The Ancient Samurai and Post-Traumatic Stress disorder
To be clear from the start, I am not a military veteran and I am also not a medical doctor. But what I want to share you in this article was nothing less than life changing for me. Several summers ago I entered my two oldest children in a promotional karate class for the summer. The parents would wait in the lobby while a group of children shared a group lesson. One day while waiting outside in the karate school’s lobby I picked up a Black Belt Magazine and read an article about a man named Rudy Reyes. Rudy was a Marine Force Recon combat veteran of Iraq and Afghanistan and he was being interviewed about his views on using martial arts to deal with Post-Traumatic Stress Disorder (PTSD). Rudy started his remark by referring to the ancient Samurai warrior culture. Rudy said that in the approximately 300 years that the Samurai culture flourished, there were no written accounts of the Samurai suffering from Post-Traumatic Stress Disorder. Besides his remarkable military career, Rudy Reyes is also a champion martial artist. And in Rudy’s opinion, the Samurai used Zen meditation, and the more “feminine” endeavors of calligraphy, painting, flower arranging, and the tea ceremony “to balance out the blood, and the gore, and the guts, the life and death, and the loss, and the rage that one feels on the battlefield.”
The moment I read that I had an idea. No, I wasn’t a soldier and I did not suffer from PTSD in the way that society currently describes it, but I did live a stressful life and that stress could get the best of me sometimes. So I decided if “feminine” flower arranging was good enough for the ancient Samurai to settle their minds and spirits despite the violent lifestyle that they lived, then it was good enough for John Teng, too!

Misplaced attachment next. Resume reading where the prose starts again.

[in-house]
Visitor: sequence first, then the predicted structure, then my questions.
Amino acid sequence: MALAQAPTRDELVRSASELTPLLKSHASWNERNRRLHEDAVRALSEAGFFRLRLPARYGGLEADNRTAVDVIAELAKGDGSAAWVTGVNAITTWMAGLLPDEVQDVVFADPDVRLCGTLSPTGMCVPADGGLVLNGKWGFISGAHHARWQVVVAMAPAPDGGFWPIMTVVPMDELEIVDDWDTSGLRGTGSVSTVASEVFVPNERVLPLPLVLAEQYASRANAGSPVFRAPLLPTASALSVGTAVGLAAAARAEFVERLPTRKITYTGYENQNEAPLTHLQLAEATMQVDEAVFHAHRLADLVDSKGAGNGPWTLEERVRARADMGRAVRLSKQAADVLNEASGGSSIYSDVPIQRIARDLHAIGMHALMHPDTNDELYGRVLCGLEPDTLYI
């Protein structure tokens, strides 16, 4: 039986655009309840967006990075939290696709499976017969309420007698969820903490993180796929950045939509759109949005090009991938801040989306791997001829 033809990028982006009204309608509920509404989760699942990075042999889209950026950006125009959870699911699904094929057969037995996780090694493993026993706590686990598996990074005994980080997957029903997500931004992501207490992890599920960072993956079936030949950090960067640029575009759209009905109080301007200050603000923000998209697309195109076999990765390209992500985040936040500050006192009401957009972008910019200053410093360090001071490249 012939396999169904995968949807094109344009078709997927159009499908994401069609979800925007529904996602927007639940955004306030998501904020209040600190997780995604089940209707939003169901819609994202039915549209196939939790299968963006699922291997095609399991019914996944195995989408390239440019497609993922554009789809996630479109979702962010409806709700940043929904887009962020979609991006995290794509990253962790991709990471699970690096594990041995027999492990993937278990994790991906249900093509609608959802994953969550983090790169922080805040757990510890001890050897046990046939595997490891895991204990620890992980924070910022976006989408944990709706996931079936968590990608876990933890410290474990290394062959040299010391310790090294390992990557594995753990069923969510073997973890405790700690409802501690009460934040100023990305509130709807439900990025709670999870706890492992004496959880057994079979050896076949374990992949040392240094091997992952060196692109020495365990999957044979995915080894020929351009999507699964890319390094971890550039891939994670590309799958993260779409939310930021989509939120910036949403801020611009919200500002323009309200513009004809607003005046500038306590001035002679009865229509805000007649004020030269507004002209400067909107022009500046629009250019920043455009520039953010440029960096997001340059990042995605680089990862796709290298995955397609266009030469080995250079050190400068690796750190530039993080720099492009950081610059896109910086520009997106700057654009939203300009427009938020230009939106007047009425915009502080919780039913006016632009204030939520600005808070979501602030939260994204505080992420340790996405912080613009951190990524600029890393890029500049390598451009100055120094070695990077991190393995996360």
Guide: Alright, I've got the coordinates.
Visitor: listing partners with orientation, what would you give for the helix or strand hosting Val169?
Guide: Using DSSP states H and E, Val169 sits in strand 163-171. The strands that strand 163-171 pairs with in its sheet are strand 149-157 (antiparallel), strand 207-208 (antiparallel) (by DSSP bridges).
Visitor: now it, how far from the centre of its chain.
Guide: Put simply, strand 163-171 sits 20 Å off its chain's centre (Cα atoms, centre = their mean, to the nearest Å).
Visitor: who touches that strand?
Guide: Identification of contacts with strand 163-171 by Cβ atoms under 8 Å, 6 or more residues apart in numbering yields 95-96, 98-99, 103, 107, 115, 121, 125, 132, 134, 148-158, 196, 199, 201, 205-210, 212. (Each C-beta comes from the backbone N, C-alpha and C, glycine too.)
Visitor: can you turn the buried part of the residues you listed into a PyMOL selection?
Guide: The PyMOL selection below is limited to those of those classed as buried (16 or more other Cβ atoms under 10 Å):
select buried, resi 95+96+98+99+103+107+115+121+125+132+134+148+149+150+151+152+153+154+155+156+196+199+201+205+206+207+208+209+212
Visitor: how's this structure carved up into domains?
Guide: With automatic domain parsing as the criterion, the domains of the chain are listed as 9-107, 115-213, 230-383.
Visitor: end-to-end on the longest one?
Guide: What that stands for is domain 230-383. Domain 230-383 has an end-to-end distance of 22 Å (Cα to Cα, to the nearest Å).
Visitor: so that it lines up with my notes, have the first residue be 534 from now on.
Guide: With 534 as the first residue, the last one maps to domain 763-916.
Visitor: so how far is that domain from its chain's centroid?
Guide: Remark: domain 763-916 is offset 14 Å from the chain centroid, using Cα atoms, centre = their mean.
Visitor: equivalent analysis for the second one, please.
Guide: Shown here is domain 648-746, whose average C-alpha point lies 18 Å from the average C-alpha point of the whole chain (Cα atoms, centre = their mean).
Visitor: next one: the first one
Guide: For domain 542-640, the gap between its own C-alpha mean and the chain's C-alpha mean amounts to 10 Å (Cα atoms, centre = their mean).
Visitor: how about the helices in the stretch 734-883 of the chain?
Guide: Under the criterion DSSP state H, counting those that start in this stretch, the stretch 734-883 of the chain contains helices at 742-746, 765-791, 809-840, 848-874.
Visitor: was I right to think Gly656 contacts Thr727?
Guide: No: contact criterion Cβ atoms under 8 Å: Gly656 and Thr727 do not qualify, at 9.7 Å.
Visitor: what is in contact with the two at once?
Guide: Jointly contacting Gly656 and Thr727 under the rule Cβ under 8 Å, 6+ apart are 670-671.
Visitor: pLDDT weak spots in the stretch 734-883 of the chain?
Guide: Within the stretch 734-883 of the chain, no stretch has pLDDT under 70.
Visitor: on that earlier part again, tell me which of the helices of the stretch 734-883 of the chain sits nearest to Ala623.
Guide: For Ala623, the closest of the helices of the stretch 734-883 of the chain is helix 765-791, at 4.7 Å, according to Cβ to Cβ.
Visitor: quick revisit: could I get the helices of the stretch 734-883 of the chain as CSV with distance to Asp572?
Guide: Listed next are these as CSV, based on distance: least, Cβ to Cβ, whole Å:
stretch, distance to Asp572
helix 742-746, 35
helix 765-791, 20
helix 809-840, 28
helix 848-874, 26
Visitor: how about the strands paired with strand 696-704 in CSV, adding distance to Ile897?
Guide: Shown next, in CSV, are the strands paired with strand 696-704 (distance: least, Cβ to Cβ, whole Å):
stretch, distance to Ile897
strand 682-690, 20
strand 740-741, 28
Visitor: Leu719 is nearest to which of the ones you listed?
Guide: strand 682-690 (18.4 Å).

So for the last three years, I have been slowly and steadily arranging flowers around my house in the form of landscape architecture. Little by little, I had brought in 25 dump trucks carrying a total of about 200 tons of soil and mulch to fill in around the outside of the house as part of my elaborate celebration to the Samurai culture. And in doing so I found a peaceful place to settle my mind of stresses and worries that fill my mind. Here are some photos of my own flower arranging project.
I can’t even begin to imagine how horrible it must feel to be for a veteran to fight in a combat situation, and then to suffer with the traumatic effects thereafter. But what I do know is that my own level of stress greatly diminishes when I go outside and put my hands in the dirt and tending to my flowers. So many good ideas have come to me while I am just out in the fresh air taking care of my garden; spending the money to build my “flower sanctuary” has truly been a worthwhile investment in my mental wellbeing.
Here is a link to the Black Belt interview with Rudy Reyes: http://bcove.me/oyorbzlc
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